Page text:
From a professional photographer’s perspective, which elements in the visual language of horology tend to interest you most? What are the qualities that can make or break an image?
Regardless of the specific detail, the watch designs I tend to be most drawn to are classically grounded with a touch of modernity.
Hence, timing instruments that are simple, elegant, and legible speak a lot to me as a photographer. Subtle details like a typeface, dial finish, hand shape, and the dial-to-case ratio are crucial to get right – yet [are] commonly overlooked by many.
From a narrative standpoint, I’m especially partial to shooting vintage pieces. The joy of photographing those is you get to document how they age over time and help tell the stories behind their provenance.
Based on your experience working with multiple leading brands in the fashion, beauty and lifestyle segments, what is the chief distinction between being creative in a commercial setting versus as a pure enthusiast?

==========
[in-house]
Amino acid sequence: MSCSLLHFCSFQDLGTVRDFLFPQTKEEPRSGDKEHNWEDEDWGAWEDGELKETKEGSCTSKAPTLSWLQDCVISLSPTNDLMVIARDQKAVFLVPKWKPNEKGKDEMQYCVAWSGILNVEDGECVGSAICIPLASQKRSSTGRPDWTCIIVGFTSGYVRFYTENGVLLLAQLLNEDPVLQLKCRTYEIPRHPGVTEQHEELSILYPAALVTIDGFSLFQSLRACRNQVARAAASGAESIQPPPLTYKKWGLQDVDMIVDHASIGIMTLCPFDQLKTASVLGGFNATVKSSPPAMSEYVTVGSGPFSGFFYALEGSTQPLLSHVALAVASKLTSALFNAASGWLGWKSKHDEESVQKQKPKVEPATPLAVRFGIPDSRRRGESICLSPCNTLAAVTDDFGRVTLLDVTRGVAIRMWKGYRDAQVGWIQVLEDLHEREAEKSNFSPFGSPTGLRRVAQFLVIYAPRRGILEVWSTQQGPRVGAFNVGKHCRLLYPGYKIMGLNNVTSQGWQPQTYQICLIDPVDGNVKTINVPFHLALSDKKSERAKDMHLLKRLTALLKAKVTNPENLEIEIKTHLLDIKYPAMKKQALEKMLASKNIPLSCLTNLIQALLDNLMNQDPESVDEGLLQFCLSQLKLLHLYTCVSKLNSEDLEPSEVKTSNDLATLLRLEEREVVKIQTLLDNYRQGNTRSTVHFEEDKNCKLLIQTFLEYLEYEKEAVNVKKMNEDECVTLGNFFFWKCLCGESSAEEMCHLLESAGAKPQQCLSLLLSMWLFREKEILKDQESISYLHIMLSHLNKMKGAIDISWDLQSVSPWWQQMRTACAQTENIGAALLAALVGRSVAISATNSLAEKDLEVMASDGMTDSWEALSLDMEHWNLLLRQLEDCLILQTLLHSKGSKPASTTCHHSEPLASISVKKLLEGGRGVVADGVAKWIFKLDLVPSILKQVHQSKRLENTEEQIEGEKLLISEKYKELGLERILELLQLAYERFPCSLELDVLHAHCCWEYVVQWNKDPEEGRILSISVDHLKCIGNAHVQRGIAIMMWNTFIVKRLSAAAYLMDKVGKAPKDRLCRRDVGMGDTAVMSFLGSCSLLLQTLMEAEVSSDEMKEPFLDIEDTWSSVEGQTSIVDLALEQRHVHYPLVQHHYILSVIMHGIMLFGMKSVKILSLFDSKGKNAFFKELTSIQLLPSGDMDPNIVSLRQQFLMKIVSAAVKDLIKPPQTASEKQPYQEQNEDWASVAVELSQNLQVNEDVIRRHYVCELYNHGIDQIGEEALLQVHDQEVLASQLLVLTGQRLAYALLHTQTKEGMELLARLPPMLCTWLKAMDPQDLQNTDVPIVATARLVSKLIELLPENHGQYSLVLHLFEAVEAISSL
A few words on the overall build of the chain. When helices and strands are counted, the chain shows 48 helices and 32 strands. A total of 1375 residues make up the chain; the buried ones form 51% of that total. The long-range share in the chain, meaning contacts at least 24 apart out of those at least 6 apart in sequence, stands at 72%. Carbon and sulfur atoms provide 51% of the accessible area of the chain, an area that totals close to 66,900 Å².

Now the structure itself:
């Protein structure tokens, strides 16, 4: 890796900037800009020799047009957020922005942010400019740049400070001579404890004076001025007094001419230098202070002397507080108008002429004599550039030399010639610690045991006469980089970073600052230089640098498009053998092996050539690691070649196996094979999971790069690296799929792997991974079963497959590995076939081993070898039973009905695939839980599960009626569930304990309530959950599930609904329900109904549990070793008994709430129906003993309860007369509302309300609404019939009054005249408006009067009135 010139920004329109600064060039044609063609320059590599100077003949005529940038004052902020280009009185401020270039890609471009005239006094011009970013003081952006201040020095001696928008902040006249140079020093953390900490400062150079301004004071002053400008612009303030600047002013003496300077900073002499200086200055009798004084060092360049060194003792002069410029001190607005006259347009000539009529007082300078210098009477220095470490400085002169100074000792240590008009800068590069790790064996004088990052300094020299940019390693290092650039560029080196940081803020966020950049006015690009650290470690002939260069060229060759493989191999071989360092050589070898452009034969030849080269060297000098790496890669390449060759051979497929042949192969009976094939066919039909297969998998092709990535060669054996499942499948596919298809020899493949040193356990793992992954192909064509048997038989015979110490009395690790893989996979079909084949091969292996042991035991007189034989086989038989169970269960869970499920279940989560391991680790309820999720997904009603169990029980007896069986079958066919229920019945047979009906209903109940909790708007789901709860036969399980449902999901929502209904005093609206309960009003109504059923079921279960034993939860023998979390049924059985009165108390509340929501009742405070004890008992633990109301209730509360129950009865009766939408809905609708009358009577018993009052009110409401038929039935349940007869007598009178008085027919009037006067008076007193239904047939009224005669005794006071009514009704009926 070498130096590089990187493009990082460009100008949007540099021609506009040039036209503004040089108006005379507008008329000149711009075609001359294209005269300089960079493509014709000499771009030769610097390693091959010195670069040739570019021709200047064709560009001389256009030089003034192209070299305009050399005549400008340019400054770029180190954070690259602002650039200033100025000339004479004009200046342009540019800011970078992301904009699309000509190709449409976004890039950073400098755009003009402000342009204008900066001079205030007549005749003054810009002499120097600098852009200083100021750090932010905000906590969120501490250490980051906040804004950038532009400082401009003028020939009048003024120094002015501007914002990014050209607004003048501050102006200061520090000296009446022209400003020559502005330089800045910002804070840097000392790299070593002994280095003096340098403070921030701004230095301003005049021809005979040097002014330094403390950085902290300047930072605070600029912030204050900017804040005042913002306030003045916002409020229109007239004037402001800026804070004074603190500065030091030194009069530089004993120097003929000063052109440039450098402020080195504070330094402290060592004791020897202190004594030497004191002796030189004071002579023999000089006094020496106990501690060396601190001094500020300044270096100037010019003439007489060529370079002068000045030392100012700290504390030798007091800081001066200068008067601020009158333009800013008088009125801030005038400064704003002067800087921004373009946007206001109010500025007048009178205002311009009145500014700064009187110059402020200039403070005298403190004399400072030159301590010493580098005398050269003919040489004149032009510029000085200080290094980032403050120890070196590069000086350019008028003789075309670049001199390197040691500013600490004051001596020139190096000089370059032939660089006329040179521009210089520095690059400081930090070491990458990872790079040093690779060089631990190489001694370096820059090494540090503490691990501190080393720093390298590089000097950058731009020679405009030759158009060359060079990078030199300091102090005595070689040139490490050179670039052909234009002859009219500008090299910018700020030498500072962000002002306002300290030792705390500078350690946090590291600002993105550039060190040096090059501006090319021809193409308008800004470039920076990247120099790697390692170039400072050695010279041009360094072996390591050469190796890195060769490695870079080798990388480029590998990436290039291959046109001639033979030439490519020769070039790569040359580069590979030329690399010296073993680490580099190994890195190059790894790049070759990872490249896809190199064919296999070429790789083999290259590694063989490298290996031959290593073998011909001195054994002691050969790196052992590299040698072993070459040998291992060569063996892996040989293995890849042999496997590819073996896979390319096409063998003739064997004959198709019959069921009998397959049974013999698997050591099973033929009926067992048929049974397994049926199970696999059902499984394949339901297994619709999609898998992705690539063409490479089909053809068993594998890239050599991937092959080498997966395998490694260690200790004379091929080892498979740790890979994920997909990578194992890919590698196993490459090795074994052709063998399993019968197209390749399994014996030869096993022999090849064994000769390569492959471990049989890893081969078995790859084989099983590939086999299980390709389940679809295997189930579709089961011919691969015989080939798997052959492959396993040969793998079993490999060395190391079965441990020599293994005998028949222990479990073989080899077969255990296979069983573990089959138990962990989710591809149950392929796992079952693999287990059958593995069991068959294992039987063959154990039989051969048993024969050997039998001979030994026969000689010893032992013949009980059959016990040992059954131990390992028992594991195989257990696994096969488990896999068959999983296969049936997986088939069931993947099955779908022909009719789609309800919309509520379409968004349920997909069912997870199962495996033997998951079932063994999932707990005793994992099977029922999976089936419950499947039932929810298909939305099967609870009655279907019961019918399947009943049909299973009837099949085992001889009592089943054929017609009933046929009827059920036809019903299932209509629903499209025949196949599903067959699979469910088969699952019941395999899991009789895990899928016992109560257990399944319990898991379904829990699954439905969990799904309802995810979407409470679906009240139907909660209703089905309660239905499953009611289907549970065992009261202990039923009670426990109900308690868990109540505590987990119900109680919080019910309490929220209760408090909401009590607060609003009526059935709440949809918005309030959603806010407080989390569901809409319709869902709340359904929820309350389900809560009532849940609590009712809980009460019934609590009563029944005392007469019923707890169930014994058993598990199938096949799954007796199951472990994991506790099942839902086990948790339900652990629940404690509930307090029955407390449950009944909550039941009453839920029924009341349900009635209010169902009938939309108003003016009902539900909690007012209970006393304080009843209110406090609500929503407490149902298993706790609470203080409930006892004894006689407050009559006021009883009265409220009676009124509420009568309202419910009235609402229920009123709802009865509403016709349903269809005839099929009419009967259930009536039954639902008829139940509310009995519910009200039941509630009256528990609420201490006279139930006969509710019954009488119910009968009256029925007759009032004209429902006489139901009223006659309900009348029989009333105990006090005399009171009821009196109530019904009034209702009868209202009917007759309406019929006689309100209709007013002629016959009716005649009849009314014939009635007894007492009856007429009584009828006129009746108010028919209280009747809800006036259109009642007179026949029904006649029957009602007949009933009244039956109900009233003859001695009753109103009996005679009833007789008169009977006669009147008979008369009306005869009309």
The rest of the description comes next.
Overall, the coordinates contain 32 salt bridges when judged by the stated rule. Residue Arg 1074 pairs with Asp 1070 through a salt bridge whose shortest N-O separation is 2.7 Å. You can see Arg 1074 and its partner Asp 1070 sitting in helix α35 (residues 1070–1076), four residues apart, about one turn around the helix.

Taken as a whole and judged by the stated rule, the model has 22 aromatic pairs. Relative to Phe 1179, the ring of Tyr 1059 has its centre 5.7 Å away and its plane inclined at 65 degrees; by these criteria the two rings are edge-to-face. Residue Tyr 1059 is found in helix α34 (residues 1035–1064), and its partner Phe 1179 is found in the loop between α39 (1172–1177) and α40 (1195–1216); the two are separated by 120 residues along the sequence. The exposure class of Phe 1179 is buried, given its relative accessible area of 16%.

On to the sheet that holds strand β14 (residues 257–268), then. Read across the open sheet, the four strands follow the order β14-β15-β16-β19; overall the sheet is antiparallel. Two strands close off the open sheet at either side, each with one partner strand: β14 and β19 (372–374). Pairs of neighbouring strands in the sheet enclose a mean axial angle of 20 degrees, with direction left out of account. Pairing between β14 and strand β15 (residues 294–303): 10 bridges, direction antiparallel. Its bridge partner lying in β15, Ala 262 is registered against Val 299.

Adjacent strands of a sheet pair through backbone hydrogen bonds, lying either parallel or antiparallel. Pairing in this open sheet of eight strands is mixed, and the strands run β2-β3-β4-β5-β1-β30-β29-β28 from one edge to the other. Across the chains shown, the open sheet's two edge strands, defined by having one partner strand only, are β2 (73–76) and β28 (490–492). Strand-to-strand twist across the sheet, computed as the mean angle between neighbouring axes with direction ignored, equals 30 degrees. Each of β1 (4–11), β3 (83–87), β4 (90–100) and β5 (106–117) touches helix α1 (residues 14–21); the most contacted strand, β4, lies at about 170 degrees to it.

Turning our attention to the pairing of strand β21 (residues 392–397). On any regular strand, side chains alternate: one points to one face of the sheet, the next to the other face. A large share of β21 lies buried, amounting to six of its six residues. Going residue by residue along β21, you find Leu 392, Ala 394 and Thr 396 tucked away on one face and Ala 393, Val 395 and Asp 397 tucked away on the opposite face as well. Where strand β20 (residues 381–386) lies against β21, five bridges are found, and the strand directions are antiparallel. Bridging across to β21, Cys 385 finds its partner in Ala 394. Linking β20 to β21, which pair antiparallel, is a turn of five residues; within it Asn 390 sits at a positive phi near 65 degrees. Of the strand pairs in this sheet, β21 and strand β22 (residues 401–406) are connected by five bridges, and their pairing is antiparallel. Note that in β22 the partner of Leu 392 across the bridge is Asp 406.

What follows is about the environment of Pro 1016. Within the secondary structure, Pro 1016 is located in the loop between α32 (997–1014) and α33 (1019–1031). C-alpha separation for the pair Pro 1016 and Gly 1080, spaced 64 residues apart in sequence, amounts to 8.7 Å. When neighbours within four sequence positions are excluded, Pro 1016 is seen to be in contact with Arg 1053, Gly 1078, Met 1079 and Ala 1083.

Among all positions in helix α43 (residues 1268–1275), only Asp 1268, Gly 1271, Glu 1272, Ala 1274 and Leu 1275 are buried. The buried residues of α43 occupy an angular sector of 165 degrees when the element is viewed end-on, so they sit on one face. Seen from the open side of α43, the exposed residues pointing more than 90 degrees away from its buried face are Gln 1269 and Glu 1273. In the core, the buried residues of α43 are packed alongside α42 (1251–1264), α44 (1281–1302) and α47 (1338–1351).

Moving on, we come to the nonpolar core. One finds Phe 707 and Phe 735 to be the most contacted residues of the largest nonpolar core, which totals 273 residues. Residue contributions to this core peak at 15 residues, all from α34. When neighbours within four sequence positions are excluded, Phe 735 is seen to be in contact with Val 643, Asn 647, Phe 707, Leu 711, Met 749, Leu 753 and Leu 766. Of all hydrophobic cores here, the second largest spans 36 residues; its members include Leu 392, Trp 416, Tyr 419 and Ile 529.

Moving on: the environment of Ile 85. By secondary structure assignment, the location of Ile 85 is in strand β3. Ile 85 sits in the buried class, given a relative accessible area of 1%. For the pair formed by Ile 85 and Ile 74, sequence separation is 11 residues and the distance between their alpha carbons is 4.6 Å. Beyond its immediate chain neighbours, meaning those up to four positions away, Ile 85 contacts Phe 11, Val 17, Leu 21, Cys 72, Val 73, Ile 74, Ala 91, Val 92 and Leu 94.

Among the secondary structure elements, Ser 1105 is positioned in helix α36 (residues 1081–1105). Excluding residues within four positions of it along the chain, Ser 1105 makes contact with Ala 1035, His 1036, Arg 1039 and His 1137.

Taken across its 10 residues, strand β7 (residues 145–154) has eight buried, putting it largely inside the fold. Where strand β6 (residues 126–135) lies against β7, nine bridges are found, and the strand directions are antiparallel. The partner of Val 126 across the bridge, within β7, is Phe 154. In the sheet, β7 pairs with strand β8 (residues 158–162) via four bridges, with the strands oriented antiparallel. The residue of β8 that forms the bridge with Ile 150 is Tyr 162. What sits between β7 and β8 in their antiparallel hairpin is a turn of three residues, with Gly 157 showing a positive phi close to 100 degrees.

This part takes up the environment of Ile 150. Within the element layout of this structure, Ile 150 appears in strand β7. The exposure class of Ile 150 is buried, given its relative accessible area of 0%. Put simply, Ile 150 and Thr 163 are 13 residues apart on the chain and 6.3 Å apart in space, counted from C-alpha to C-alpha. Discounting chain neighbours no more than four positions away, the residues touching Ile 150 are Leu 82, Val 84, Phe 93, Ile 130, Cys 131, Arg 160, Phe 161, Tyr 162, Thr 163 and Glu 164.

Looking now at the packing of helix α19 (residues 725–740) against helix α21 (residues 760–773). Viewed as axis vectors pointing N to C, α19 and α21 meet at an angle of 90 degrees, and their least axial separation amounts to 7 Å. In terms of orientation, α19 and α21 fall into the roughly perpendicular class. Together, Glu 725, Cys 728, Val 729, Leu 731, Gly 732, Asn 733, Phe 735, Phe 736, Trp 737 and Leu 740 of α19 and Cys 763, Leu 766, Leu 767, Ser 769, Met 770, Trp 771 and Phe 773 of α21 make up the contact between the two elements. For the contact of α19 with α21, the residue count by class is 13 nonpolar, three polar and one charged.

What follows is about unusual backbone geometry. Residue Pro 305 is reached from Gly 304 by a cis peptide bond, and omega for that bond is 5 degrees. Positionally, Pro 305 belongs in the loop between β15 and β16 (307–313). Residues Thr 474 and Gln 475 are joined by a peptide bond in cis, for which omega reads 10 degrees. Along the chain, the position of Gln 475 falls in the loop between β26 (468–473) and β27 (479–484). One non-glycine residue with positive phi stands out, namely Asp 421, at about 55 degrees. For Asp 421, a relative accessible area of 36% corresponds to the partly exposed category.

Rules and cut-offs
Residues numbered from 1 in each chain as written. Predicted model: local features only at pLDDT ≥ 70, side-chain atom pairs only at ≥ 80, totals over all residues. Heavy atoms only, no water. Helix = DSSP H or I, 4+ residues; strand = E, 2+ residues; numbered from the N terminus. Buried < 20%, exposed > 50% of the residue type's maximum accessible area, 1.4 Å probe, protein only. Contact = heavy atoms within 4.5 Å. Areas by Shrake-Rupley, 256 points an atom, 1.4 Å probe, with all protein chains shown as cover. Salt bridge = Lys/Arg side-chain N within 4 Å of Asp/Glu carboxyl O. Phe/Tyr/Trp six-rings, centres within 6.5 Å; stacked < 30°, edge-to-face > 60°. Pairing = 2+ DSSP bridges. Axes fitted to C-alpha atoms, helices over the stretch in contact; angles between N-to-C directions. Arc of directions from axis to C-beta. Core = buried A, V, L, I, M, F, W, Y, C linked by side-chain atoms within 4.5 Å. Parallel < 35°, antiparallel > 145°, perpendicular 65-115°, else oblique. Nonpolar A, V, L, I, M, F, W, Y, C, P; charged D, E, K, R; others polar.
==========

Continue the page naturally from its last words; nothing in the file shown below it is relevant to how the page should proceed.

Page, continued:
I’d like to think that, at a basic level, I utilise the same practices regardless of whether the work is creative or possesses some commercial aspect. Of course, when it comes to dealing with watch brands, there tends to be an emphasis on precision: time at 10 to 10, ‘hero’ shot checklist, and so forth. Because I favour an approach that’s highly intuitive, I have to really put myself in the client’s headspace to fit the brief.
On the other hand, my personal goal with watch photography is to immerse the viewer in the timepiece's narrative. I want the connection between audiences and the photograph to feel human: less glossy, less stylistic, and less lacking in emotion.